4 Nov 2007

Flash in the pan...?

I’ve always been undecided about where I stand on the whole flash fiction thing. I enjoy reading and writing flash - indeed, some of the best examples of my own writing are under 1000 words. But does anyone really take it seriously, meaning anyone who actually matters?

When I start to think along such lines, I need only click my way across to SmokeLong Quarterly* and read some of the finest, most resonant flash fictions published on the web, or anywhere, to feel reassured that flash fiction - reading it, writing it - is most certainly not a waste of time. But—

Here I am, sitting with a copy of The Best American Short Stories 2007 (Stephen King, Editor) on my desk in front of me, and from a glance down the Contents page I can tell you there isn’t one flash fiction to be found. Not one. Unless I’ve missed something, the shortest story is ten pages or roughly three to four thousand words long. And I know if I go to my bookshelves and select any short story anthology at random, I’ll be hard pressed to find more than one or two flashes in each collection. Why is that? And will we ever see the day when a flash makes it into Best American Short Stories (or might they create a new series - Best American Flash Fictions? I can’t see it, I just can’t) or wins the Stoker, or the World Fantasy Award, or the Hugo, etc? All I can say is it will have to be one helluva piece of writing…

Meanwhile, I will continue to read and write the occasional flash. I believe it has a place and purpose. For me, it’s usually after I’ve written a longish short, in much the same way I suppose as some novelists pen a short story or two upon completion of their latest novel. Reading that back, it sounds disrespectful, as though they are merely filler, but that’s not what I mean. They can be a welcome and refreshing change of pace, style, and, of course, length, as well as a difficult but rewarding challenge in their own right.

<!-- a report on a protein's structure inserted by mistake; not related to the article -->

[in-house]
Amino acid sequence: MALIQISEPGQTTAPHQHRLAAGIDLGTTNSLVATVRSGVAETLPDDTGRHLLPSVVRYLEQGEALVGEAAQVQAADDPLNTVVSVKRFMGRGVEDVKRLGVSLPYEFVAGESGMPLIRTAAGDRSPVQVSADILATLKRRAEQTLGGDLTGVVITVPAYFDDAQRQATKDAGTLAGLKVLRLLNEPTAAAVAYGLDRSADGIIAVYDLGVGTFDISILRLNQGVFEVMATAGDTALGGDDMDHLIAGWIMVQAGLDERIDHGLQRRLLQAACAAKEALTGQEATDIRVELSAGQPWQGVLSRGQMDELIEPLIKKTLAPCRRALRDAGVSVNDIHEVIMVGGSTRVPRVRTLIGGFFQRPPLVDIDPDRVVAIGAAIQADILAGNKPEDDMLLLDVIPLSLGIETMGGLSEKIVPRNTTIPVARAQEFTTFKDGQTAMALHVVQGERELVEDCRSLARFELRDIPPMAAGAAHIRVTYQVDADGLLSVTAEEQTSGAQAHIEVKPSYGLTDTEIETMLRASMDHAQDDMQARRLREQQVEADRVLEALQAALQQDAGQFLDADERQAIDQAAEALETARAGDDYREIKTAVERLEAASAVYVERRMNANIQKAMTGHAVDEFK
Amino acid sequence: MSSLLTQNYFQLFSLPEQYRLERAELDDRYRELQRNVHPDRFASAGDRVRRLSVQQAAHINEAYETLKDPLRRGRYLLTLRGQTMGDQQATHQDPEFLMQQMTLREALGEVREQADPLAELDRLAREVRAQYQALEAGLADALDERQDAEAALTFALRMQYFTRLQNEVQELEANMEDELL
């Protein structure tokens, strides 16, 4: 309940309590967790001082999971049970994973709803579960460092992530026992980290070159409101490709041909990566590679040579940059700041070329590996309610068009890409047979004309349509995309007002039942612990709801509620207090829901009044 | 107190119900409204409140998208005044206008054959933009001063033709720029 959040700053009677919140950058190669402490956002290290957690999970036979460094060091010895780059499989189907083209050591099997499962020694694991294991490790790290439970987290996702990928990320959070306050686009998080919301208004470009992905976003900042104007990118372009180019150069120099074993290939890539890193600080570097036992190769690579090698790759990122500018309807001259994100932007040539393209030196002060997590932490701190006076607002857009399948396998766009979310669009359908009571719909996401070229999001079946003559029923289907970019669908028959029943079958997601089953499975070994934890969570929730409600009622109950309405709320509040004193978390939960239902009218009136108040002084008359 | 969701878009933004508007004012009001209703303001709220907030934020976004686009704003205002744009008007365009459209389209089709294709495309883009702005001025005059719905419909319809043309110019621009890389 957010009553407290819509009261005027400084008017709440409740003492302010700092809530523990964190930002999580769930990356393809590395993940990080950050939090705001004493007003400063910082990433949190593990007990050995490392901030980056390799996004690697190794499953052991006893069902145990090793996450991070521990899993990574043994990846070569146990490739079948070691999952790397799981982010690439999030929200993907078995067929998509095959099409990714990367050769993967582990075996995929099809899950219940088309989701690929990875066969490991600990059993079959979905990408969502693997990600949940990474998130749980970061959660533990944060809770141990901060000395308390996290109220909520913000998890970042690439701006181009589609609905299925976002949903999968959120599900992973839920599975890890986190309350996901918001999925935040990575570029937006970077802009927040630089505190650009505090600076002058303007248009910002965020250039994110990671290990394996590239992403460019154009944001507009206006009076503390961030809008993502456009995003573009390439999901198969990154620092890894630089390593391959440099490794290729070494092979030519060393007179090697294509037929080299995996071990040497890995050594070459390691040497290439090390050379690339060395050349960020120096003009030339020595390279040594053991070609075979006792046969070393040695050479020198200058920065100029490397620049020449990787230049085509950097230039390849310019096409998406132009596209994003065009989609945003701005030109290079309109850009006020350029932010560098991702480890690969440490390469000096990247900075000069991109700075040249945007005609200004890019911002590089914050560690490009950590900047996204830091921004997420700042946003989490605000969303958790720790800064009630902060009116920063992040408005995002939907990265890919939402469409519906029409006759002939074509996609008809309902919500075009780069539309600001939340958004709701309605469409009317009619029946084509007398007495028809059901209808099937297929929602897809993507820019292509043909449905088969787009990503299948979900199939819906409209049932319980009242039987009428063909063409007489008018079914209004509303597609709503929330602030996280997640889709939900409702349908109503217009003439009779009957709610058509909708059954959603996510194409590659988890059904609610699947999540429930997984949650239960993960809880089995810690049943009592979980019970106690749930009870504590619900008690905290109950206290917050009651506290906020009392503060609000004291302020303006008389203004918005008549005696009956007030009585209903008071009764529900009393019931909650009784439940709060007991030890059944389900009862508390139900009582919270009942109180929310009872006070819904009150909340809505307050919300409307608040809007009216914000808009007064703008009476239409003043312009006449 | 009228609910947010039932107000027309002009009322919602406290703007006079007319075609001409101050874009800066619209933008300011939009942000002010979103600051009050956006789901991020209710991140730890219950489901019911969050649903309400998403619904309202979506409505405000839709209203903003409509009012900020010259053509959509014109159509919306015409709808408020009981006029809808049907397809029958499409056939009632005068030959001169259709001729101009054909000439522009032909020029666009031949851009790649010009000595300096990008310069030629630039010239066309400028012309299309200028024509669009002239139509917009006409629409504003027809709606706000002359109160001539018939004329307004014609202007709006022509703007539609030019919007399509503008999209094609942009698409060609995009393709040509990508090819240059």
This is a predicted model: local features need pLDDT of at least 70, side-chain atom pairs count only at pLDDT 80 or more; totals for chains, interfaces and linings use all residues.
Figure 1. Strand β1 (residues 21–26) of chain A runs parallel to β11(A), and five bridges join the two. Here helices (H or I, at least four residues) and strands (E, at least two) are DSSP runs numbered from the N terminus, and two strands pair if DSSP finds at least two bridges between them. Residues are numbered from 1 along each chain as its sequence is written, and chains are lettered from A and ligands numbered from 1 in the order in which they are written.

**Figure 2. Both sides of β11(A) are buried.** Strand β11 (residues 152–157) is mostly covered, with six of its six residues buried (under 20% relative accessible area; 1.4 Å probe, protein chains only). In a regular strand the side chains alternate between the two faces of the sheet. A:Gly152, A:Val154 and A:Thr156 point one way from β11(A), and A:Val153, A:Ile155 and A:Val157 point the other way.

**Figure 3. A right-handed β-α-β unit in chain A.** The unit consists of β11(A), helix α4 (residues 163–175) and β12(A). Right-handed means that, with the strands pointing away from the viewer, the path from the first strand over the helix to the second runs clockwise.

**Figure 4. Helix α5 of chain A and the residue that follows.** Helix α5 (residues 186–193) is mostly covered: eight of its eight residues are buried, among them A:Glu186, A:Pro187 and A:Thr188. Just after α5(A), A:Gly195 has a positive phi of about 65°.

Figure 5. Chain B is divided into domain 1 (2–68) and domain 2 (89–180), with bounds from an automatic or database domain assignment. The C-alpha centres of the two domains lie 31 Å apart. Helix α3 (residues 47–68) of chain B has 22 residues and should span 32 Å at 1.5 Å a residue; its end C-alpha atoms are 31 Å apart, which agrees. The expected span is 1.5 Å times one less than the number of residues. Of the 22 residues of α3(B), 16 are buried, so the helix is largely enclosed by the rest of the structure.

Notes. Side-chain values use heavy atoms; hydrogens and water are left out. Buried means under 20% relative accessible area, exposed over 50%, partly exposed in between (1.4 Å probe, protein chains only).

In the end, I suppose, we have to follow our own paths, awards and questions of what is accepted (or not) be damned…

* or if horror tales are your thing, pick up a copy of Michael Arnzen’s 100 Jolts: Shockingly Short Stories.


Rob said...

I find writing flash fiction gets me going. It breaks the ice. It's not too daunting to think of writing something really short.

Often, once I've started, the story takes over, characters are discovered and the editing often brings a twist or added meaning.

What was going to be a flash fiction can eaily grow to be a short story and, unless it's put to bed quickly, threatens with all it's might to become a novellla.

All best


tqr said...

Sorry. I know this has nothing to do with flash, but I didn't know how else to contact you. Here's my initial gmail, which was bounced back to me immediately due to my having an addy for your that had long been abandoned.

Dear Mr. Dines,

Could I use "Sunrise in Coat City" for a 'best of' anthology of TQR's past 3 years? If the book does the unthinkable, and actually makes a profit, I'm giving all the contributing author's 3 percent. What do you say?

Sincerely, TQR

M.E Ellis said...

I like reading flash. Sometimes my mind prefers very short works. Something satisfying about them.